Hazlitt ,.I. William, an English author, born in Maidstone, April 10, 1778, died in London, Sept. 18, 1830. His father, a Unitarian clergyman, sent him to the Unitarian college at Hackney to be educated for the ministry. But he devoted himself to philosophy and art, and on leaving college determined to become a painter. He painted portraits with tolerable success, but finding he was not likely to reach a high standard, he renounced the art. In 1805 appeared his essay on "The Principles of Human Action," after which he became a regular contributor to newspapers of political articles and theatrical art criticisms, which, with his criticisms on literature and literary men, constitute his chief claim to remembrance. Among his best known works are: "Characters of Shakespeare's Plays" (8vo, London, 1817); "A View of the English Stage" (1818); "Lectures on the English Poets" (1818); "Lectures on the English Comic Writers" (1819); "Lectures on the Literature of the Elizabethan Age" (1821); " Table Talk " (2 vols. 8vo, 1824); " The Spirit of the Age " (1825), containing sketches of the leading public characters of the day; an essay on the fine arts in the " Encyclopaedia Britan-nica;" and the " Life of Napoleon Bonaparte " (4 vols. 8vo, 1828), dictated by enthusiastic admiration of his subject.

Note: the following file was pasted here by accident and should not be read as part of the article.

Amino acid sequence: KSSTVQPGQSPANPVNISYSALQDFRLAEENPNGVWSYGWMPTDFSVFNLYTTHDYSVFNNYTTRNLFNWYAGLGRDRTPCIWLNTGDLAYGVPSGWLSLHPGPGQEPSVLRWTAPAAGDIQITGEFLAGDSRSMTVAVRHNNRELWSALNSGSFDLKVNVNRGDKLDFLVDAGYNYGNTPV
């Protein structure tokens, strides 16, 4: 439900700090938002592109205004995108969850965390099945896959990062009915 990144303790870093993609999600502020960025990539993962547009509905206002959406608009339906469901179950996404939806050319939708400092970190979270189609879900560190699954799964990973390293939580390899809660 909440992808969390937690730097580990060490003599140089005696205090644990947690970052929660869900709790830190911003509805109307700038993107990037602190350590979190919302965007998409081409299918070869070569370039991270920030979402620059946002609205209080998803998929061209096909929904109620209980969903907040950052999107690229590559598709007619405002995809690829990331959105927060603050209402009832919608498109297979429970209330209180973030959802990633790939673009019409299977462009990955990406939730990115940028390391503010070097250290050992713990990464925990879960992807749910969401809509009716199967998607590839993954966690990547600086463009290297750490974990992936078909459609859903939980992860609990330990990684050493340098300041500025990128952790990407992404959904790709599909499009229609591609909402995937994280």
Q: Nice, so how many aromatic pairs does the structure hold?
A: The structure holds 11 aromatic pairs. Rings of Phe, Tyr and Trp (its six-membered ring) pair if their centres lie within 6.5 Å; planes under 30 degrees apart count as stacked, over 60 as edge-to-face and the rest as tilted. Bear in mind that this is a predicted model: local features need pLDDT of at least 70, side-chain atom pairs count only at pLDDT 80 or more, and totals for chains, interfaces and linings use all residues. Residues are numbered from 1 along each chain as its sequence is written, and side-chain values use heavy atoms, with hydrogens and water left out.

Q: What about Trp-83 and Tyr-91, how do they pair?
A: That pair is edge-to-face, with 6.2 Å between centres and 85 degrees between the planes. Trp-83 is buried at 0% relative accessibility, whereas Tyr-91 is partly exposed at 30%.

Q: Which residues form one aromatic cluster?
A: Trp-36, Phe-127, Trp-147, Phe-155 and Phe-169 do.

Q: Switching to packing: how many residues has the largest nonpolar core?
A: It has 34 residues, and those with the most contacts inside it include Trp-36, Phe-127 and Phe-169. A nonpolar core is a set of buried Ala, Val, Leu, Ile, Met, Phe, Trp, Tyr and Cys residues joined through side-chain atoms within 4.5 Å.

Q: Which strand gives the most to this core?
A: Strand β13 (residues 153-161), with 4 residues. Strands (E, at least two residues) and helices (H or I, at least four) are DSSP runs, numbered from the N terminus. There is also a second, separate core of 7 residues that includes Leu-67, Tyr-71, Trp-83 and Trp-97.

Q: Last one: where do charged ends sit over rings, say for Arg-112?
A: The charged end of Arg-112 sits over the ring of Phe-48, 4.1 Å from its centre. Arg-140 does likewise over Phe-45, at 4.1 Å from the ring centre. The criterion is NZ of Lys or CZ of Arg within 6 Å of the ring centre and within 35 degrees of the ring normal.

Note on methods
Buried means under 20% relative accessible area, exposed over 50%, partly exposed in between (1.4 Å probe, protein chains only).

In 1836 appeared his "Literary Remains," with a notice of his life by his son, and thoughts on his genius and writings by Sir E. L. Bulwer and Sergeant Talfourd (2 vols. 8vo). Hazlitt's free comments upon living authors made him many enemies. He was married in 1808, and divorced in 1823, and in the succeeding year married a wealthy widow. II. William, an English author, son of the preceding, born in Wiltshire, Sept. 26, 1811. He was called to the bar in London in 1844, and appointed registrar of the court of bankruptcy in 1854. He is chiefly known in the world of letters by editions of some of his father's works; an edition of the writings of De Foe (3 vols. 8vo, 1840); translations of Michelet's "Roman Republic," Guizot's "History of the English Revolutions" (12mo, 1846) and " History of Civilization " (3 vols. 12mo, 1846), Thierry's " History of the Conquest of England by the Normans" (2 vols. 12mo, 1847), and Hue's "Travels in Tartary, Thibet, and China" (1852); and an edition of Johnson's " Lives of the Poets," with additions, from the earliest period to the close of the last generation (4 vols. 12mo, 1854). In connection with Mr. Roche he has compiled a "Manual of Maritime Warfare" and editions of the bankruptcy acts of 1861 and 1869. III. William Carew, an English author, son of the preceding, born Aug. 22, 1834. He entered the Inner Temple in 1859, and was called to the bar in 1861. He has written "The History of the Venetian Republic" (4 vols., 1858-'60); "British Columbia and Vancouver Island" (1858); and" Sophy Laurie," a novel (1865). He has also edited "Old English Jest Books" (3 vols., 1864), "Remains of the Early Popular Poetry of England" (4 vols., 1864-'6), the works of Charles Lamb (4 vols., 1866-'7l), "Memoirs of William Hazlitt" (2 vols., 1867), "Bibliography of Old English Literature" (1867), "English Proverbs and Proverbial Phrases" (1869), "Popular Antiquities of Great Britain" (3 vols., 1870), and a new edition of Warton's "History of English Poetry" (4 vols., 1871). In the last named work he was assisted by several eminent antiquaries.